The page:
3. Fantasio announced, "At this moment a fashion rages, the fashion of the nude:" "L'Audace du Nu," 1 April 1908, 809. Similarly, Paris Théâtre proclaimed, "The nude is all the rage! Soon, it will be a fashion!" "Entendu au music hall," 23 May 1908, 12.return to text

    4. Elinor Accampo, Mary Lynn Stewart, and Rachel Fuchs, eds., Gender and the Politics of Social Reform, 1870-1914 (Baltimore: Johns Hopkins University Press, 1995); Bonnie Smith, The Gender of History: Men, Women, and Historical Practice (Cambridge, MA: Harvard University Press, 1998); Joan Scott, Gender and the Politics of History (New York: Columbia University Press, 1999); idem., Only Paradoxes to Offer: French Feminists and the Rights of Man (Cambridge, MA: Harvard University Press, 1996); Mary Louise Roberts, Civilization Without Sexes: Reconstructing Gender in Post-war France, 1917-1927 (Chicago: University of Chicago Press, 1994); idem., Disruptive Acts: The New Woman in Fin-de-Siècle France (Chicago: University of Chicago Press, 2002); Karen Offen, European Feminisms, 1700-1950: A Political History (Stanford: Stanford University Press, 2000); Karen Offen, Leslie Hume, and Erna Hellerstein, eds., Victorian Women: A Documentary Account of Women's Lives in England, France, and the United States (Stanford: Stanford University Press, 1981).return to text

    5. James F. McMillan, France and Women, 1789-1914: Gender, Society, and Politics (New York: Routledge, 2000), 144.return to text

    6. Lynn Abrams, The Making of the Modern Woman: Europe 1789-1918 (London: Pearson Education, 2002), 172-73.return to text

    7. Heather Dawkins, The Nude in French Art and Culture, 1870-1910 (New York: Cambridge University Press, 2002); Marie Lathers, Bodies of Art: French Literary Realism and the Artist's Model (Lincoln: University of Nebraska Press, 2001); Tamar Garb, Bodies of Modernity: Figure and Flesh in Fin-de-Siècle France (New York: Thames and Hudson, 1998); Abigail Solomon-Godeau, "The Image of Desire: Gender and Representation in France from the Revolution to Second Empire" (Ph.D. diss., CUNY, 1993); idem., "The Legs of the Countess," October 39 (Winter 1986): 65-108; idem., "The Other Side of Venus: The Visual Economy of Feminine Display" in The Sex of Things: Gender and Consumption in Historical Perspective, ed. Victoria de Grazia with Ellen Furlough (Berkeley: University of California Press, 1996), 113-50; Eunice Lipton, Alias Olympia: A Woman's Search for Manet's Notorious Model and Her Own Desire (New York: Scribner's Sons, 1992); Otto Friedrich, Olympia: Paris in the Age of Manet (New York: Harper Collins, 1992); Elizabeth Anne McCauley A. A. E. Disderi and the Carte de Visite Portrait Photograph (New Haven: Yale University Press, 1985).return to text

    8. Roberts, Disruptive Acts, 67.return to text

    9. Colette, Mes Apprentissages (Paris: Ferenczi, 1936), 195.return to text

    10. Judith Thurman, Secrets of the Flesh: A Life of Colette (New York: Alfred Knopf, 1999), 144.return to text

    11. Paul Reboux, Le Nu (Paris: Eros, 1931), 9-10.return to text

    12. Fantasio, 15 Feb. 1907, 57.return to text

    13. Ibid.return to text

    14. Barbara Shapiro, Pleasures of Paris: Daumier to Picasso (Boston: Museum of Fine Arts, 1991), 164.return to text

    15. Eugen Weber, France: Fin-de-Siècle (Cambridge, MA: Harvard University Press, 1986), 162. These plays were inaugurated in 1894 and often had as their titles "Le Lever," "Le Coucher," "La Puce," etc. return to text

    16. Fantasio, 15 Feb. 1907, 57.return to text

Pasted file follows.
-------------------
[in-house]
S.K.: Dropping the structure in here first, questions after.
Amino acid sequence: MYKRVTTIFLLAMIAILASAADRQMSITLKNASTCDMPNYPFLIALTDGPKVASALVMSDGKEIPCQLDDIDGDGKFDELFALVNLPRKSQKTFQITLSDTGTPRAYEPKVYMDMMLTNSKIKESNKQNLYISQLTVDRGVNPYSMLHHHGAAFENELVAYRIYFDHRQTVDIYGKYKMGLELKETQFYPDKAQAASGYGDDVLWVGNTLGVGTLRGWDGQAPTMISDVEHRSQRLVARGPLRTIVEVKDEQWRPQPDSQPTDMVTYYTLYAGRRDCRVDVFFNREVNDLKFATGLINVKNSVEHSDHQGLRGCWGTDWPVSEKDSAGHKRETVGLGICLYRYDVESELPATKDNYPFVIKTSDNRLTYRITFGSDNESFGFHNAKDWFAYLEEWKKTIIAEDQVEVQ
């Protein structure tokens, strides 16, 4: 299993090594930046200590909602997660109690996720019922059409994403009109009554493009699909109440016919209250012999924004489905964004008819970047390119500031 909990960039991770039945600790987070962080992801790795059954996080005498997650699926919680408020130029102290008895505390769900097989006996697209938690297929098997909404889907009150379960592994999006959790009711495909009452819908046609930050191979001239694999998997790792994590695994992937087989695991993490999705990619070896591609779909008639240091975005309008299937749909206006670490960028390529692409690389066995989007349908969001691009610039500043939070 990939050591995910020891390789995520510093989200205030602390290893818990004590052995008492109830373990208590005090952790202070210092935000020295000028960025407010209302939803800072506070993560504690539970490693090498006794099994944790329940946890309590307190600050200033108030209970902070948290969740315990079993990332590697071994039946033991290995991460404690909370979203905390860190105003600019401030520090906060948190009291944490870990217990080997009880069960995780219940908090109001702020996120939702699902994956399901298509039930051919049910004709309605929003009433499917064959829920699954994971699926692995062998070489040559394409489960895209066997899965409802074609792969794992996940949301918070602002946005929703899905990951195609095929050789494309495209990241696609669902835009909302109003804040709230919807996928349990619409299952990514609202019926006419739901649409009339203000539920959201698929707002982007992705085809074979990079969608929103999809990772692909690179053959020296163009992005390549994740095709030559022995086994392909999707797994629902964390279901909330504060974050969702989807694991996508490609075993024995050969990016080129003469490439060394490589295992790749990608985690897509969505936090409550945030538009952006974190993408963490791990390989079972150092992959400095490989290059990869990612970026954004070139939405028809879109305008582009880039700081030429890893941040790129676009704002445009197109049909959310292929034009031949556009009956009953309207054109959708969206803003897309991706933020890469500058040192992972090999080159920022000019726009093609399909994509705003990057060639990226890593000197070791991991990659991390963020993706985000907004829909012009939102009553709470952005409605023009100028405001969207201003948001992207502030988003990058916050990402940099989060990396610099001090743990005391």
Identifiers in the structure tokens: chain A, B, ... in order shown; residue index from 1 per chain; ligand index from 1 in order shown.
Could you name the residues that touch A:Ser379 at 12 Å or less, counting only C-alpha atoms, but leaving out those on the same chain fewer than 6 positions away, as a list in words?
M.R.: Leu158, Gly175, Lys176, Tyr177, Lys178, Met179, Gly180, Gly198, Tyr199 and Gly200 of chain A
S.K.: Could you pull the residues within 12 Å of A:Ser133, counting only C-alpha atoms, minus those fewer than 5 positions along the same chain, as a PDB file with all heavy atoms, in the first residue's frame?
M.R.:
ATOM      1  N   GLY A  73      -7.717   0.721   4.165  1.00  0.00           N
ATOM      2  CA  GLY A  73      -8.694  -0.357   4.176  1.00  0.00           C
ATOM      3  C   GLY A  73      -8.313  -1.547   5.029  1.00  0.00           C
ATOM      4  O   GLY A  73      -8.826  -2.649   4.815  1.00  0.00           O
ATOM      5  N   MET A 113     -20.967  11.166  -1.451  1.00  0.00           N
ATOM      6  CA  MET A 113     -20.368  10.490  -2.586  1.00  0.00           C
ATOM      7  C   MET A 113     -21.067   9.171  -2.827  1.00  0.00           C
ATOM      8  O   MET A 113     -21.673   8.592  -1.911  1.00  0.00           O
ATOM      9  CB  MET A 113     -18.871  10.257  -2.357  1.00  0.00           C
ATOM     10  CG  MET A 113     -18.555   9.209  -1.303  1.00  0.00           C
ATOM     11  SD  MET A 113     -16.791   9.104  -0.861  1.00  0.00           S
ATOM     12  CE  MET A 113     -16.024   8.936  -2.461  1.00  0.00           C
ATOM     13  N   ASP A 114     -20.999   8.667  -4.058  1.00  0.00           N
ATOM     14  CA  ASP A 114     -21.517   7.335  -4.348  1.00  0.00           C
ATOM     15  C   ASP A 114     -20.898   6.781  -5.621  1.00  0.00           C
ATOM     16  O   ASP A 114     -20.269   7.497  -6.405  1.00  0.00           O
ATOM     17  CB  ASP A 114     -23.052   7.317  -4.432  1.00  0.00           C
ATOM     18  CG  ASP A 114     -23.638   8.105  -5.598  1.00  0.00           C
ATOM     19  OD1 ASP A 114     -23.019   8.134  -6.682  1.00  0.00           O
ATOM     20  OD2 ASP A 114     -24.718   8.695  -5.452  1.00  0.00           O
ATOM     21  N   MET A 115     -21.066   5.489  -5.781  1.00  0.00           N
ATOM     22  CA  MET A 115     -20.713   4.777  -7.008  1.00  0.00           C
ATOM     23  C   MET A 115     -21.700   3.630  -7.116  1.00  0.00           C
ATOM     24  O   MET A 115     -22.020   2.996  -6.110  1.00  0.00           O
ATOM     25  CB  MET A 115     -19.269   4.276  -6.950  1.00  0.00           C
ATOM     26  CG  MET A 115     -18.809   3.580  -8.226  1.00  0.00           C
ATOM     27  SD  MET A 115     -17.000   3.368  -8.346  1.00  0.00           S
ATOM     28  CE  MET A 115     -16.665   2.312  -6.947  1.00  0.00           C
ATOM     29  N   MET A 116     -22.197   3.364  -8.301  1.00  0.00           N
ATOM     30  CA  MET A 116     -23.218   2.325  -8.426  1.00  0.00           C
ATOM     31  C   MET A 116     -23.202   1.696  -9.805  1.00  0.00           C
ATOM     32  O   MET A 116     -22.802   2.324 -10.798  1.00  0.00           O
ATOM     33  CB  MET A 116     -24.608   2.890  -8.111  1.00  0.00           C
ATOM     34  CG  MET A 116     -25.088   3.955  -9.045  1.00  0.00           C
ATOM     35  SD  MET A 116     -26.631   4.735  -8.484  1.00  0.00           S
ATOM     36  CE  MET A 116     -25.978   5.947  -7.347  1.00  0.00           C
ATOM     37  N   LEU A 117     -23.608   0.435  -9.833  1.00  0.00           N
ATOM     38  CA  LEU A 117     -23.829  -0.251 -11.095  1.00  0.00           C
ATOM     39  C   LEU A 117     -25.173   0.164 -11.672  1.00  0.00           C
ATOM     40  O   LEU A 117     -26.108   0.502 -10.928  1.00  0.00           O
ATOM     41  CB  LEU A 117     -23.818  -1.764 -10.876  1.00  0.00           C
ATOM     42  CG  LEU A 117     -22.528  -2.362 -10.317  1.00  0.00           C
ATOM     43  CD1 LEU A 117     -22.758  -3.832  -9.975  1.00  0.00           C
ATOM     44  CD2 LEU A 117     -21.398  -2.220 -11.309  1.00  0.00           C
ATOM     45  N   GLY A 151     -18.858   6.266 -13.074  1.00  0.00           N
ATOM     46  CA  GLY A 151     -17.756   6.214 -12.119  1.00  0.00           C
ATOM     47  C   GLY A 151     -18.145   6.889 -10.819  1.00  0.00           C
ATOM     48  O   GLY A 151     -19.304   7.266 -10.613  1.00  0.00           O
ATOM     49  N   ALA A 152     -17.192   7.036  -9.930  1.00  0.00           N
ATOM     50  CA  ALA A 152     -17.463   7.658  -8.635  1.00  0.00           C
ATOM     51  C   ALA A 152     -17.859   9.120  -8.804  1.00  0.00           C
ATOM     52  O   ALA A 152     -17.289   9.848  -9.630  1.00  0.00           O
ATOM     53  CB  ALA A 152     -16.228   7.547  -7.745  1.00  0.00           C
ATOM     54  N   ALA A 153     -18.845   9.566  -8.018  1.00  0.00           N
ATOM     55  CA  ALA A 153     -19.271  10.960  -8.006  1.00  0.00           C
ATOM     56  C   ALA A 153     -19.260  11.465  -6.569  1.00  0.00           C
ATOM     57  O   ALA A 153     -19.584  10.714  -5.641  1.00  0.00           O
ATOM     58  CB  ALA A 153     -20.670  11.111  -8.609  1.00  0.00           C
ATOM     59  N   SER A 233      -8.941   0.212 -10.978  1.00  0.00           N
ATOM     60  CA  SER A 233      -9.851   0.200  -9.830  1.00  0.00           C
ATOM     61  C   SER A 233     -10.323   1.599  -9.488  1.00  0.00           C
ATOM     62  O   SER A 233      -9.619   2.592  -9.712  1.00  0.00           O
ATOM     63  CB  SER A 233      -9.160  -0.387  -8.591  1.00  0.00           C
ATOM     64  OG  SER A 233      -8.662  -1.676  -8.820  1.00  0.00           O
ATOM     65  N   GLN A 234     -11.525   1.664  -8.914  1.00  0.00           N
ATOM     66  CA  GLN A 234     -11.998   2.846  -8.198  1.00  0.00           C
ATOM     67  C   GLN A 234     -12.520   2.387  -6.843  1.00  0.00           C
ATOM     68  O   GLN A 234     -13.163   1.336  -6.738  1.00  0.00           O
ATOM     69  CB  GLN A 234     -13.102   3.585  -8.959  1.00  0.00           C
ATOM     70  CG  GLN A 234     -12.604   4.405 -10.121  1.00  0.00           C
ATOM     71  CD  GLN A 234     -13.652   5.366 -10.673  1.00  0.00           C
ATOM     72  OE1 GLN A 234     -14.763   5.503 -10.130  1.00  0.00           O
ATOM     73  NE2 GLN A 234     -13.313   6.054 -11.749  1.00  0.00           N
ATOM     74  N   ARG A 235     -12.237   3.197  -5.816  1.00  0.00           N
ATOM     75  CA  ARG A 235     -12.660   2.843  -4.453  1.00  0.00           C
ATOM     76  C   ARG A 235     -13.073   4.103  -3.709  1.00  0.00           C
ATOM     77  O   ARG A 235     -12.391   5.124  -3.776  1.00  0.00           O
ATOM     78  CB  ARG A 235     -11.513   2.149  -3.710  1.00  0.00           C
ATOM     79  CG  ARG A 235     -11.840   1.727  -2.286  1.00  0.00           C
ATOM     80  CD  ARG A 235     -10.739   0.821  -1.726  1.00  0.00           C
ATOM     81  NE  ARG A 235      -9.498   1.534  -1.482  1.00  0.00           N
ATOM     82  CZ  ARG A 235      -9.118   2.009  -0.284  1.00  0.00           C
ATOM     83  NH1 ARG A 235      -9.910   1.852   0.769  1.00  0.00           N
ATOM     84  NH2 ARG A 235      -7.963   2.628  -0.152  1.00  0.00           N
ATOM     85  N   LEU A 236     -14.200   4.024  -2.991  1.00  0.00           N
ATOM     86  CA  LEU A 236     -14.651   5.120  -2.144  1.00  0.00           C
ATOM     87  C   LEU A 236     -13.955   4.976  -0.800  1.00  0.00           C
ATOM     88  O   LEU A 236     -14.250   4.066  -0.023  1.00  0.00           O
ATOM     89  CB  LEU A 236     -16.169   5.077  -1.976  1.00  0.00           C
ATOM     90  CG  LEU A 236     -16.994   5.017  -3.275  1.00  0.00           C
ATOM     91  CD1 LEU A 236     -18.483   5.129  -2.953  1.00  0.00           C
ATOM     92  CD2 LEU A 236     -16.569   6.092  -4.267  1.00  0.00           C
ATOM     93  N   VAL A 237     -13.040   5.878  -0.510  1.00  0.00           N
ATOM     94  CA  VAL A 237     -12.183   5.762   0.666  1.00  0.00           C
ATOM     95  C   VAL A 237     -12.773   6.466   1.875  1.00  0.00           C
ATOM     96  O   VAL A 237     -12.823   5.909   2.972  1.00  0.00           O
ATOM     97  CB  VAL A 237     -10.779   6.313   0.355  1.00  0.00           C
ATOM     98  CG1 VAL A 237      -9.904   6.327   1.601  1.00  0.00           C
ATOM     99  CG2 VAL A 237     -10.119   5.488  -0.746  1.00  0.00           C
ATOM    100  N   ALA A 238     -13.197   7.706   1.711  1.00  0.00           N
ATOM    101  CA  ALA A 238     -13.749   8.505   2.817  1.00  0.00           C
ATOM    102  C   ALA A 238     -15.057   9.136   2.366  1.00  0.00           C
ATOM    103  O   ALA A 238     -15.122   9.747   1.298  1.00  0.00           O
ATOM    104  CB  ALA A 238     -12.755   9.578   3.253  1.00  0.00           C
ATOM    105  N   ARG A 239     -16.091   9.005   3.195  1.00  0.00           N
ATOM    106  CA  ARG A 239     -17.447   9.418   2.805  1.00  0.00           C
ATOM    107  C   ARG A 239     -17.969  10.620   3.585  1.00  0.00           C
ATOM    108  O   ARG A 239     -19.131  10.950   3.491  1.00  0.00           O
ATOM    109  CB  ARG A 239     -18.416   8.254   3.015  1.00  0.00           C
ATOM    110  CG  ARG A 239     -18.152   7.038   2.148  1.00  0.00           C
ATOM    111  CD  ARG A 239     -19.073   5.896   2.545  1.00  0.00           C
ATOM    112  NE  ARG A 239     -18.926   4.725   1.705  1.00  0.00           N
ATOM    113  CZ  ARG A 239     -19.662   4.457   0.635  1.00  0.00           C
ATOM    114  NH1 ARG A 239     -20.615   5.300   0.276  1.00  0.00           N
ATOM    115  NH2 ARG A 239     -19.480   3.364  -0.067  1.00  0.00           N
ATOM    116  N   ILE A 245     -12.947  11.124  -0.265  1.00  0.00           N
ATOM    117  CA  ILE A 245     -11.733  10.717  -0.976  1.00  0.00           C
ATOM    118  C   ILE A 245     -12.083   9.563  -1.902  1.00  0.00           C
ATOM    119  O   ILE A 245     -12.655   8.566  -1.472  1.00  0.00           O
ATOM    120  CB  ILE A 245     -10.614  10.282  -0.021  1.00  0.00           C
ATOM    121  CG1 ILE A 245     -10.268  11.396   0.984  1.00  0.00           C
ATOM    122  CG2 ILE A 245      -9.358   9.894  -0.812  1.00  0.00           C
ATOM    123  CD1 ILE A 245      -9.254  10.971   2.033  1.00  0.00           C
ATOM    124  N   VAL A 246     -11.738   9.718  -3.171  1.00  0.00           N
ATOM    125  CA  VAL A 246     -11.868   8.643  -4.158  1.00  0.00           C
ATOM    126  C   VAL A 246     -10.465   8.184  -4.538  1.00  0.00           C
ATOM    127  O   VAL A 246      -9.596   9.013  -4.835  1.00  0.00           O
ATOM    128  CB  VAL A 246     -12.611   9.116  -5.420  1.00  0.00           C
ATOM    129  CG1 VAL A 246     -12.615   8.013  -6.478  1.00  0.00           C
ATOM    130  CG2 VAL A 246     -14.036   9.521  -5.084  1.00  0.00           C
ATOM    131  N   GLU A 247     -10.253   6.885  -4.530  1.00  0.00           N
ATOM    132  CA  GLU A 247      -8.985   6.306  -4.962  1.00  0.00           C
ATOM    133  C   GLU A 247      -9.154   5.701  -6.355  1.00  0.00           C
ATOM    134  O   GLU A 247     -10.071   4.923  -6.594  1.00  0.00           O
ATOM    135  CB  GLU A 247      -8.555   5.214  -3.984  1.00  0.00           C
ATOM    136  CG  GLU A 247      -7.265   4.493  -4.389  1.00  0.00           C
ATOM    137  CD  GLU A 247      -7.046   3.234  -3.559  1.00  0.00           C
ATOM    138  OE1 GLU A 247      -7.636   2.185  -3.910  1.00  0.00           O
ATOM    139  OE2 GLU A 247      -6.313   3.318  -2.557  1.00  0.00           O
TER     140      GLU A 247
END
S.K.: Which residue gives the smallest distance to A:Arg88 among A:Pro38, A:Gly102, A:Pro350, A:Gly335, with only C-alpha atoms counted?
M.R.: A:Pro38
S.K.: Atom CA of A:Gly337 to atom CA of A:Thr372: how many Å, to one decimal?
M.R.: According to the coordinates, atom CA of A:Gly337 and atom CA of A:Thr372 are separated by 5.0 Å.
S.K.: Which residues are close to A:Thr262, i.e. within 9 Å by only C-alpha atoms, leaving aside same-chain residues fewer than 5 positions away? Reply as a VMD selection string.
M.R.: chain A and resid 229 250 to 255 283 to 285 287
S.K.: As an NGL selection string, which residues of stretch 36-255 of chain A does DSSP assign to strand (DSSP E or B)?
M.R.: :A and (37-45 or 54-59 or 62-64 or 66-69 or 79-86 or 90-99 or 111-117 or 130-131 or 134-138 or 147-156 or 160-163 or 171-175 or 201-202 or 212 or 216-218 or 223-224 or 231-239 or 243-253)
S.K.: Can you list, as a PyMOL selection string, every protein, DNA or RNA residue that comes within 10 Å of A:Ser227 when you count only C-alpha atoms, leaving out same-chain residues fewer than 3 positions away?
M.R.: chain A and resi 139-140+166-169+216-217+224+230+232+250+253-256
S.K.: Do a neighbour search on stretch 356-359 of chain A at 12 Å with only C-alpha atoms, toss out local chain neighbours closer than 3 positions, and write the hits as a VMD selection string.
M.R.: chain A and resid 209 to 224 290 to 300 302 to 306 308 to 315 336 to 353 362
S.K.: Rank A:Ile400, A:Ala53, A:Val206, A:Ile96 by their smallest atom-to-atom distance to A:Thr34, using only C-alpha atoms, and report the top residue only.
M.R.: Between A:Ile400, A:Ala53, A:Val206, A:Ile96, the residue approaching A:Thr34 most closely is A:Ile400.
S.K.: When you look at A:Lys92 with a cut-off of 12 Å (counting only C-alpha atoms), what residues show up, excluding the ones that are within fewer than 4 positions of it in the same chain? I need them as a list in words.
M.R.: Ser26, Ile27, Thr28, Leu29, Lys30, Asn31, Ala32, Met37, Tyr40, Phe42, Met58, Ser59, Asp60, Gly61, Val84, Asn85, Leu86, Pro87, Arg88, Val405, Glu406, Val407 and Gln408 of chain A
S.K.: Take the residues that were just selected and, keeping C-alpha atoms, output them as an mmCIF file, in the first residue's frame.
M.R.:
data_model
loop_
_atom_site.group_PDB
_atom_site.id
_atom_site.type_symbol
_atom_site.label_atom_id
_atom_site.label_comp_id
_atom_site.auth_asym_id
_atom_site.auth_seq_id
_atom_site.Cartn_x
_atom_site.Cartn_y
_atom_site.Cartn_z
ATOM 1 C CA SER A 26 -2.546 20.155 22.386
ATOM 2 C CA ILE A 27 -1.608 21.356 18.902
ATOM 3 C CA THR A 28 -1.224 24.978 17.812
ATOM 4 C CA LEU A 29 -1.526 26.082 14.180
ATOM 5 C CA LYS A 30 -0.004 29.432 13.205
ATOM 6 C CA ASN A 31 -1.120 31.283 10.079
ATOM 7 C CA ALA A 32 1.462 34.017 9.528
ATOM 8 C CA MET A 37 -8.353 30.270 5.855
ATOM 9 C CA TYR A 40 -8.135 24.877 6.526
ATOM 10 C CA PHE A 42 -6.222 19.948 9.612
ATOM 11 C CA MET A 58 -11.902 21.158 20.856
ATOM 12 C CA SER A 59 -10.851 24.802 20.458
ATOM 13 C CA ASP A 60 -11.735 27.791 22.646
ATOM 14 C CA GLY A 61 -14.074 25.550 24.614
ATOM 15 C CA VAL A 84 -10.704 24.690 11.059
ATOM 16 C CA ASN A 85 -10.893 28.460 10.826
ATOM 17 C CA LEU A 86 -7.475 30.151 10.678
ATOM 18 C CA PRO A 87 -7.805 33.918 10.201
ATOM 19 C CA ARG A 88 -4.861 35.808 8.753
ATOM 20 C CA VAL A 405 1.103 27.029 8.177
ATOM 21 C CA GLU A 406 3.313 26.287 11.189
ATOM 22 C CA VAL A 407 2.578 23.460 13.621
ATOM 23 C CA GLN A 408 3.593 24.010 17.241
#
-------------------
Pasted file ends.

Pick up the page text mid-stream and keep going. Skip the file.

17. Isadora Duncan, My Life (New York: Liveright Publishing Corporation, 1955), 98.return to text

    18. Reboux, 9-10.return to text

    19. Karl Toepfer, Empire and Ecstasy: Nudity and Movement in German Body Culture, 1910-1935 (Berkeley: University of California Press, 1997), 43.return to text

    20. "Leurs Confidences: Jane Delyane," Fantasio, 1 March 1911, 510.return to text

    21. Alain Corbin, "Backstage," in A History of Private Life, vol. 4, From the Fires of Revolution to the Great War, ed. Michelle Perrot and trans. Arthur Goldhammer (Cambridge, MA: Harvard University Press, 1990), 667.return to text

    22. Colette, Dialogues de Bêtes (Paris: Mercure de France, 1904), 150.return to text

    23. Toepfer, 78. return to text

    24. "Sa Majesté Le Nu," Fantasio, 1 Feb. 1908, 659.return to text

    25. L'Intransigeant, 6 May 1913, 2.return to text

    26. Roberts, Disruptive Acts, 61.return to text

    27. "Leurs Confidences: Jane Delyane," 510. Roberts' statement that "The New Woman was a nervous woman" (Disruptive Acts, 61) is supported by earlier works which address the French obsession with female hysteria at the fin de siècle. See Rae Beth Gordon, Why the French Love Jerry Lewis: From Cabaret to Early Cinema (Stanford: Stanford University Press, 2001); Jann Matlock, Scenes of Seduction: Prostitution, Hysteria, and Reading Difference in Nineteenth-Century France (New York: Columbia University Press, 1994); and Emily Apter, Feminizing the Fetish: Psychoanalysis and Narrative Obsession in Turn-of-the-Century France (Ithaca: Cornell University Press, 1991). return to text

    28. Fantasio, 1 May 1908, 895.return to text

    29. Duncan, 190.return to text

    30. "Sa Majesté Le Nu," 659. return to text

    31. Elaine Showalter, Sexual Anarchy: Gender and Culture at the Fin de Siècle (New York: Penguin, 1990), 45.return to text

    32. Colette Andris, Une Danseuse Nue (Paris: Flammarion, 1933), 8.return to text

    33. "La Potinière: M'as tu vu?," Fantasio, 1 May 1908, 895.return to text

    34. Leora Auslander, "The Gendering of Consumer Practices in Nineteenth-Century France," in The Sex of Things, 79-112. return to text

    35. Duncan, 98.return to text

    36. Thurman, 112return to text

    37. Roberts, Disruptive Acts, 70.return to text

    38. Jules Lemaitre quoted in Ibid., 57.return to text

    39. McMillan, 154.return to text